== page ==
A commuter benefits program can be a great perk for working professionals. In congested areas where it can be difficult to drive to work, many individuals are forced to use alternative forms of transportation. Even those who live outside of city limits are often faced with long and expensive commutes that take a bite out of their salary.
In response, some cities have mandated that employers provide transit benefits. Read on to learn how companies can offer a commuter benefits program that offsets the costs of travel, as well as potential pros and cons of this and what kind of tax credits are available.
Creating a Commuter Benefits Program
One thing to note when setting up a commuter benefits program (which is considered a voluntary benefit) is that the Internal Revenue Service already allows employees to use up to $260 per month in pretax earnings to cover transportation costs. This is referred to as a “qualified transportation fringe benefit.” However, this is often barely enough to cover a portion of the costs of commuting to work daily.
Employers should carefully evaluate what the real cost for employees adds up to, as far as work commutes go. For example, the costs of maintaining a vehicle—gas, oil changes, tires, parking fees, insurance coverage and more—can add up quickly. Even when employees choose to commute using public transportation, fares can be expensive. The Society for Human Resource Management advises that pretax commuter benefits can save workers in New York City as much as 30 to 40 percent of their earnings.
One way to create a commuter benefits program is to provide the difference between IRS-allowed pretax benefits and the actual cost for employees. Corporate travel software can be used to track expenses, upload receipts and issue payments. Those who travel by airline or require hotel accommodations for work can book travel at reduced rates through the same platform.
Companies can also provide incentives for employees who use less costly forms of transportation, such as bicycling, carpooling and walking to work. Need some inspiration? Apple Inc. provides employees $100 each month for public transportation costs and has a shower and locker room available for employees who bike or walk to work.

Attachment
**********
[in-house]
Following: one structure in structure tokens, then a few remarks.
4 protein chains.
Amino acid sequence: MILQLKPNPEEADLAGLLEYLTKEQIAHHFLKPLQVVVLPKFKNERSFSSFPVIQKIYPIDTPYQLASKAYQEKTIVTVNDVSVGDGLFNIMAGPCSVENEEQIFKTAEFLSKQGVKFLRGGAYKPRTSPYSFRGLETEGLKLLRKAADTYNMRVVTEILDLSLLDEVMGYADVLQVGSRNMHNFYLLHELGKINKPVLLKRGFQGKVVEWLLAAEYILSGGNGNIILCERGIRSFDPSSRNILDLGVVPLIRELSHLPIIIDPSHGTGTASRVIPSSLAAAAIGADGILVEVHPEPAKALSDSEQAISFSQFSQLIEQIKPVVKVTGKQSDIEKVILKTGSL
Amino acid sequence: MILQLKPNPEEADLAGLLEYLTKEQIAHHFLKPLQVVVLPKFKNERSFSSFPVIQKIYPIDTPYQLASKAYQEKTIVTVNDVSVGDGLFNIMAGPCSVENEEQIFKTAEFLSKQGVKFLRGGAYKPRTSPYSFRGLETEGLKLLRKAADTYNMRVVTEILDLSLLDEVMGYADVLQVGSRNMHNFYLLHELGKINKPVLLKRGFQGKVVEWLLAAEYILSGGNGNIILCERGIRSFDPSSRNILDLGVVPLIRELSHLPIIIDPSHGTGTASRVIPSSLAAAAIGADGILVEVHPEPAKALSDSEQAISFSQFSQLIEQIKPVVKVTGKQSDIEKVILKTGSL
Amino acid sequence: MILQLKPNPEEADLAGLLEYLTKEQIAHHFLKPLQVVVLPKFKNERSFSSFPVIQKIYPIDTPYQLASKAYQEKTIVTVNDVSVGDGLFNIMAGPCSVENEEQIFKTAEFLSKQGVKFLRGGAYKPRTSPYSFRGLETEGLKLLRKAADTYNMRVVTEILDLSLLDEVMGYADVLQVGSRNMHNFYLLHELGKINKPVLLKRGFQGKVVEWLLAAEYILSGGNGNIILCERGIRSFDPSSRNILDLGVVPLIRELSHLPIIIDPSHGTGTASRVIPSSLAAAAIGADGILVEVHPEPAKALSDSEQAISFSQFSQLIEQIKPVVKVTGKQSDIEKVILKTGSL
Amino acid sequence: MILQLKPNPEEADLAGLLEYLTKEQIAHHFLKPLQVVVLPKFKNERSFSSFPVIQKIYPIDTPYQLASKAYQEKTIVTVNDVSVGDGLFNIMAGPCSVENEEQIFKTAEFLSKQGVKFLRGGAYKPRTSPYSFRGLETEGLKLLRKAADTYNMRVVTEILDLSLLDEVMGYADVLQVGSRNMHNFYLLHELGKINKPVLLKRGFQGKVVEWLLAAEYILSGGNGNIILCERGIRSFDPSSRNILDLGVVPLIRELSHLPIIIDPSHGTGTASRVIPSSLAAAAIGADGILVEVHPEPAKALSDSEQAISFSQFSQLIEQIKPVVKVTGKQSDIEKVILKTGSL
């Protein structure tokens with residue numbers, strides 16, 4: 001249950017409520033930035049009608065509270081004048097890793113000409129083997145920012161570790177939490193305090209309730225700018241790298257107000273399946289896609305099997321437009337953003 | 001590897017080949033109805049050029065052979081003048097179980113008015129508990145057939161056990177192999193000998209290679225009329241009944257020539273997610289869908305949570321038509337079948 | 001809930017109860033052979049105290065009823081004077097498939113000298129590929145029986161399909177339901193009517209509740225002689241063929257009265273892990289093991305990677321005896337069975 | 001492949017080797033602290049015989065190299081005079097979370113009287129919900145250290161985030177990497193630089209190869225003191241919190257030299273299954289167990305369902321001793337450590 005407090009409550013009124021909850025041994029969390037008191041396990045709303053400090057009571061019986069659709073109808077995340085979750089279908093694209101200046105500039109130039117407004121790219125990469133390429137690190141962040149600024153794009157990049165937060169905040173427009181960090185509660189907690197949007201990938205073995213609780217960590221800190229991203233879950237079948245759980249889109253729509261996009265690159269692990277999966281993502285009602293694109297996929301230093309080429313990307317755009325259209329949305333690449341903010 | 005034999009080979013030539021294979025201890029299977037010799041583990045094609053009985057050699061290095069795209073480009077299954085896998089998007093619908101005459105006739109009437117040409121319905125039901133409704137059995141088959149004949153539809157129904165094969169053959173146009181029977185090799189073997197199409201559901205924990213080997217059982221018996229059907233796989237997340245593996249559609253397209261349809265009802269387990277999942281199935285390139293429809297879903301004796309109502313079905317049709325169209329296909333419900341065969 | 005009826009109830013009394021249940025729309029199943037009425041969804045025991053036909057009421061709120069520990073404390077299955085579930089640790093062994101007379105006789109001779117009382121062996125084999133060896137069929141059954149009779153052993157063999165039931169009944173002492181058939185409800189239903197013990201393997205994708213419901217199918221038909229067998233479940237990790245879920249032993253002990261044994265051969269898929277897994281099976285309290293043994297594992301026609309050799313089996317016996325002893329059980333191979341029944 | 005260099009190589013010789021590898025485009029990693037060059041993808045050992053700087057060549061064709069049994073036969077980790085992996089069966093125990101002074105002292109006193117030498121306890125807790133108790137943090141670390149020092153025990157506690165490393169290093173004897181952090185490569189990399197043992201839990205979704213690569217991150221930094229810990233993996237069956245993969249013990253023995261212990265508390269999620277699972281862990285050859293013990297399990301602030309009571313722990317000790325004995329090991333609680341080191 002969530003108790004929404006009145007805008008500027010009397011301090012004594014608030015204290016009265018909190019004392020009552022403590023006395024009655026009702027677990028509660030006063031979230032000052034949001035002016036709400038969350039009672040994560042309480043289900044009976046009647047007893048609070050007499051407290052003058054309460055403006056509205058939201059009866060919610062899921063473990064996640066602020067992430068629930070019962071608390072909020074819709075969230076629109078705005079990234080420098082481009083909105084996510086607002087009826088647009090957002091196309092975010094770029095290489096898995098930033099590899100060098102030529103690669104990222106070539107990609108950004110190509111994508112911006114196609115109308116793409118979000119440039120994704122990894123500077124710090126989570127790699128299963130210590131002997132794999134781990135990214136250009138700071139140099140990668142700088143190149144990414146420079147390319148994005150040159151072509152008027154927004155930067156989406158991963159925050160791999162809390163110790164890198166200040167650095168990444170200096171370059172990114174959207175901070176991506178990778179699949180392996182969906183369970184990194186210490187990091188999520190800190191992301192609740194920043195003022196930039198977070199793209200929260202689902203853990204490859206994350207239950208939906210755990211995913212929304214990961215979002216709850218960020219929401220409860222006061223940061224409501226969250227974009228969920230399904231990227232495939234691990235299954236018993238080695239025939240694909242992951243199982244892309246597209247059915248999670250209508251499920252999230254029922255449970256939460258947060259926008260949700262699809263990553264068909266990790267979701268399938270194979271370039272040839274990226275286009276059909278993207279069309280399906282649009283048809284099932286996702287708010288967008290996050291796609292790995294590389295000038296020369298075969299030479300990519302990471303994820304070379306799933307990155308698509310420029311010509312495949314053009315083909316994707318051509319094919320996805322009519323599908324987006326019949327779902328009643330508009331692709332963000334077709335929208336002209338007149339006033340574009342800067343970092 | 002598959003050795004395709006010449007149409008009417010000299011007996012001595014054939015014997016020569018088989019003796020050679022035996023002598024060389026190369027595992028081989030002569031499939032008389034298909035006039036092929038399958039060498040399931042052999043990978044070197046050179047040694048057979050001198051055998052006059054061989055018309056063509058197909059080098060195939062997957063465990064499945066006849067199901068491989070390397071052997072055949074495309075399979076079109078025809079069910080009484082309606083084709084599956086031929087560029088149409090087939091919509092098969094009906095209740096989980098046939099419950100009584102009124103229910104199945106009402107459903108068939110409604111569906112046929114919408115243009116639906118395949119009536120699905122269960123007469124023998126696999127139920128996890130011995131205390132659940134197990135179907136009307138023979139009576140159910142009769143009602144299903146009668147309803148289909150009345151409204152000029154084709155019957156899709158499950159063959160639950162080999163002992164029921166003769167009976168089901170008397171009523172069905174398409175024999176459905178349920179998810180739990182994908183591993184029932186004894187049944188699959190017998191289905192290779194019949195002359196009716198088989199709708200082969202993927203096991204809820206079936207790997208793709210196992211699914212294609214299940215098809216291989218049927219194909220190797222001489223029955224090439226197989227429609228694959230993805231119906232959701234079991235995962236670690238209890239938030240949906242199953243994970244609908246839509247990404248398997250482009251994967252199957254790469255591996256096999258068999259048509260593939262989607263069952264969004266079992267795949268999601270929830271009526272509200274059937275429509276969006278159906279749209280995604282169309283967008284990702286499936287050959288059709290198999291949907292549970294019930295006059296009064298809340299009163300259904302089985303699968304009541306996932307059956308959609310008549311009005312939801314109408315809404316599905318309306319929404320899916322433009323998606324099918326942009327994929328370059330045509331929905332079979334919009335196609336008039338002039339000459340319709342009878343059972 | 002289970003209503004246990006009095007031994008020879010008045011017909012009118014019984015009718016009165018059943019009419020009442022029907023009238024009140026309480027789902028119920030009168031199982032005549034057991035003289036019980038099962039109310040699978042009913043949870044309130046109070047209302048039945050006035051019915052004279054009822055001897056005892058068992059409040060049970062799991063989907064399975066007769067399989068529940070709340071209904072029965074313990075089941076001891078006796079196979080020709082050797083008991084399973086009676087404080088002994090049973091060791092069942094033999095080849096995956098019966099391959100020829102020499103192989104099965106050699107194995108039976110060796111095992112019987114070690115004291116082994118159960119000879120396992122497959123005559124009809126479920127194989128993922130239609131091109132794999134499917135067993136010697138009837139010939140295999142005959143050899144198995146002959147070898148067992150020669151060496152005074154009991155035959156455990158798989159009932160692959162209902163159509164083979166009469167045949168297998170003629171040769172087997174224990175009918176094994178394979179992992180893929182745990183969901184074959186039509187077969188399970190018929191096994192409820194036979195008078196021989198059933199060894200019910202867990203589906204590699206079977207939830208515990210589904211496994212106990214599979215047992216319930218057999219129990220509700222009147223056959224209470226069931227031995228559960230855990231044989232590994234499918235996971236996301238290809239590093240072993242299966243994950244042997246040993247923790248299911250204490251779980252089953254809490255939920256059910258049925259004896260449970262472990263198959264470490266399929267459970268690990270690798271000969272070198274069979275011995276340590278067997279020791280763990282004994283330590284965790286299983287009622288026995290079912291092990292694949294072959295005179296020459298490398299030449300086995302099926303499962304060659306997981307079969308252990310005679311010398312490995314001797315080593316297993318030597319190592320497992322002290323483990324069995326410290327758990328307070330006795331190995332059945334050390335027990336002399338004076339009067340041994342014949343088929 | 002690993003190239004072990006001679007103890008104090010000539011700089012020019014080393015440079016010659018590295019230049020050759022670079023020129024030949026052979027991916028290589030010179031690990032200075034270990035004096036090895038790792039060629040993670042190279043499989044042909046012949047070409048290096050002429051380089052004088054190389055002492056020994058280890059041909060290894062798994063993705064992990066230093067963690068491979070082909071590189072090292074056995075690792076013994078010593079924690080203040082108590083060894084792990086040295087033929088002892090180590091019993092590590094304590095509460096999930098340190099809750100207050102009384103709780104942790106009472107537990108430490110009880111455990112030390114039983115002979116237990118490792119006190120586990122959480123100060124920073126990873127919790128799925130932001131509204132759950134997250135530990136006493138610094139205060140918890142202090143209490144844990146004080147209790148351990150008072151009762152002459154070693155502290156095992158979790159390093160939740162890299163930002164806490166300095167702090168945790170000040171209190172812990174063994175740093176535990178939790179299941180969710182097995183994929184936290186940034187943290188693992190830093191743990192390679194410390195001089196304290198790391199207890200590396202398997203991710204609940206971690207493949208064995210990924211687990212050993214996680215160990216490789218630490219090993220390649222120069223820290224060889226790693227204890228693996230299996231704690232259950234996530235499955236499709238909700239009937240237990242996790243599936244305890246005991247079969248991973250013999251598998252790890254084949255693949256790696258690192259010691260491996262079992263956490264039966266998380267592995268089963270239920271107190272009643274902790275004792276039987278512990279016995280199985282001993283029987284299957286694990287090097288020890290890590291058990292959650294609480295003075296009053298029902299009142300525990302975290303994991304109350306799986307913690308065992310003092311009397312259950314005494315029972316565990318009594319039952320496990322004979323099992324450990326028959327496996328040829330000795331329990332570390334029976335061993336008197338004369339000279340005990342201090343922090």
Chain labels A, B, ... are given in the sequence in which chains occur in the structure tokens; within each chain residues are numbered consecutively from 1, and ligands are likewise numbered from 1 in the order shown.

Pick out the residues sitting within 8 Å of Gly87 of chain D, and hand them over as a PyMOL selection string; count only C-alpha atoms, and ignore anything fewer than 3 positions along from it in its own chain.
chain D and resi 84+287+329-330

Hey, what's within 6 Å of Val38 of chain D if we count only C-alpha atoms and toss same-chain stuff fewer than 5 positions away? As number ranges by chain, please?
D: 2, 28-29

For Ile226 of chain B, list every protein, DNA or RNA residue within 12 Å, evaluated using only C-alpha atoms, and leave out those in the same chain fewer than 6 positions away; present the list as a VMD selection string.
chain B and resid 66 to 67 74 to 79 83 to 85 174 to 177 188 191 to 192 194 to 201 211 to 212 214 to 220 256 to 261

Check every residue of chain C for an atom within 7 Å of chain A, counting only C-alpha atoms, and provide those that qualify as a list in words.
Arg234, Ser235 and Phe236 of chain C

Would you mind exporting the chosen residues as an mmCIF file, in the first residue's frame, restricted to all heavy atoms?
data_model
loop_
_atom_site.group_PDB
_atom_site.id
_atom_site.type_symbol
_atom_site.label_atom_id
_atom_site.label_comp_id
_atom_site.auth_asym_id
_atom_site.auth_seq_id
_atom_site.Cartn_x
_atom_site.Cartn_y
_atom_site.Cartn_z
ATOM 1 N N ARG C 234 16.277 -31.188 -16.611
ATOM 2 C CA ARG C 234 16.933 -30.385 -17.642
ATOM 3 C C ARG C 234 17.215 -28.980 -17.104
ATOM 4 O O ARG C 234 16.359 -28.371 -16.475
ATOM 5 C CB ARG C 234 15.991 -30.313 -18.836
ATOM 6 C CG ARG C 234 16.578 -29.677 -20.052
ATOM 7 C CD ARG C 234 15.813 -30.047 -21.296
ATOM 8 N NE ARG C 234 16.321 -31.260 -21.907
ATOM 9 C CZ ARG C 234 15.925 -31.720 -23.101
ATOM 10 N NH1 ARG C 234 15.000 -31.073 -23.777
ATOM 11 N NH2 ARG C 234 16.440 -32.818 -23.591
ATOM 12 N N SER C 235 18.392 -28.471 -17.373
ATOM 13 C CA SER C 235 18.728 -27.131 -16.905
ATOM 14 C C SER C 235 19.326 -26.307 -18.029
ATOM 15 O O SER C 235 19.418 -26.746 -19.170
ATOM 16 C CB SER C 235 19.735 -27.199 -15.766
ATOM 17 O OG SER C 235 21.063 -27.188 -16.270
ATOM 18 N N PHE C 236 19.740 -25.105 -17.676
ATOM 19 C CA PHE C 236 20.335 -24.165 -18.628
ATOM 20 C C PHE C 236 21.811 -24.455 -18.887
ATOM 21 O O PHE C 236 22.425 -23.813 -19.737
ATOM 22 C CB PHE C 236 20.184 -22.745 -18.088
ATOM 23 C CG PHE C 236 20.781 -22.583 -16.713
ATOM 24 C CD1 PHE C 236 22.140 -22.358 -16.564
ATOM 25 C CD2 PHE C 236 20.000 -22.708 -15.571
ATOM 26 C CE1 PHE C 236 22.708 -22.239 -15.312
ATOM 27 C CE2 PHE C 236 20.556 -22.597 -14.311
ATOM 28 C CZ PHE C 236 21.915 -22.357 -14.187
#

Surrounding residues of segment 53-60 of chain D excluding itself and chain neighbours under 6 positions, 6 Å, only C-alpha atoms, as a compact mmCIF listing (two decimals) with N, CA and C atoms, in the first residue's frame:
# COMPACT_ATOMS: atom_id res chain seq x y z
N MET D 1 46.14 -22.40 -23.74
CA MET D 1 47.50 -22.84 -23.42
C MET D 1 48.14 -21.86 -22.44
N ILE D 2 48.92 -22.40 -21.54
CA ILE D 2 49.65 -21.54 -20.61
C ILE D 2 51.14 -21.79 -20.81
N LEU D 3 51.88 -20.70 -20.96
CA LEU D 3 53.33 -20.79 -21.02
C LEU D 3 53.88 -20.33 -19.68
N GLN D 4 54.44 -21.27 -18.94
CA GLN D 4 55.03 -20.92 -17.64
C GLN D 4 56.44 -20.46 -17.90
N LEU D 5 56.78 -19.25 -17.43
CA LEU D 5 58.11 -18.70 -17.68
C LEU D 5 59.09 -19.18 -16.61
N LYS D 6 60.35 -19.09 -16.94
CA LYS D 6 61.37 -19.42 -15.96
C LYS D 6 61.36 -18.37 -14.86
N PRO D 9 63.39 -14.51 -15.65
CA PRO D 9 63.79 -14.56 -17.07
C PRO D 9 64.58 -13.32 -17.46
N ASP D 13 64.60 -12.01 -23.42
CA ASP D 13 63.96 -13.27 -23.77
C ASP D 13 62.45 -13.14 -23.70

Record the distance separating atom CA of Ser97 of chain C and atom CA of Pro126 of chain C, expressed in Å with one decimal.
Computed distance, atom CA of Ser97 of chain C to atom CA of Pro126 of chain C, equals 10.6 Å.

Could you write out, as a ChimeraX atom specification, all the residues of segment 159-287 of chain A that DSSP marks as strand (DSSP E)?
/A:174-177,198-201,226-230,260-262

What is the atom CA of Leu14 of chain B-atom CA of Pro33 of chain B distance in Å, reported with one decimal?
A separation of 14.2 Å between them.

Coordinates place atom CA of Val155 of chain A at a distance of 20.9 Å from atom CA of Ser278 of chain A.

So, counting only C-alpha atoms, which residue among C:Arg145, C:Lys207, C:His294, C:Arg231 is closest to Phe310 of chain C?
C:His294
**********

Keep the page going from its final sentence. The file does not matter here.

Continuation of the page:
The Pros and Cons of Employee Commuter Benefits
Just as there may be with any benefit program, commuter fringe benefits can have a few pros and cons. On the positive side, commuter benefits make individuals more mindful of their choices for travel, ultimately reducing their carbon footprint. Additionally, employees can deduct a portion of their qualified transportation cost from their tax return (up to $1200), including electronic toll transponders for accessing roadways with turnpikes.
Then there are the potential negatives of starting a commuting benefits program for employees. For instance, it must be carefully monitored to ensure that employees are accurately recording travel expenses into the associated software. Additionally, payroll must have a system for paying out the overage of benefits, once pretax dollars are used up each month. The fringe travel benefit is considered taxable income and must be paid as so (and reported to the IRS). The program also needs to be fair to all employees. Some may live closer and won’t require large reimbursements, while others might be traveling great distances and facing large travel expenses.
How Is U.S. Tax Reform Impacting Commuter Benefits?
As of December 31, 2017, HR Bill 2241 repealed certain deduction limits for employee transportation fringes. According to Lexology, this tax bill “disallows a deduction for expenses associated with providing any qualified transportation fringe to employees, and except as necessary for ensuring the safety of an employee, any expense incurred for providing transportation (or any payment or reimbursement) for an employee’s commuting between his or her residence and place of employment.” However, employees will be able to deduct their post-tax expenses.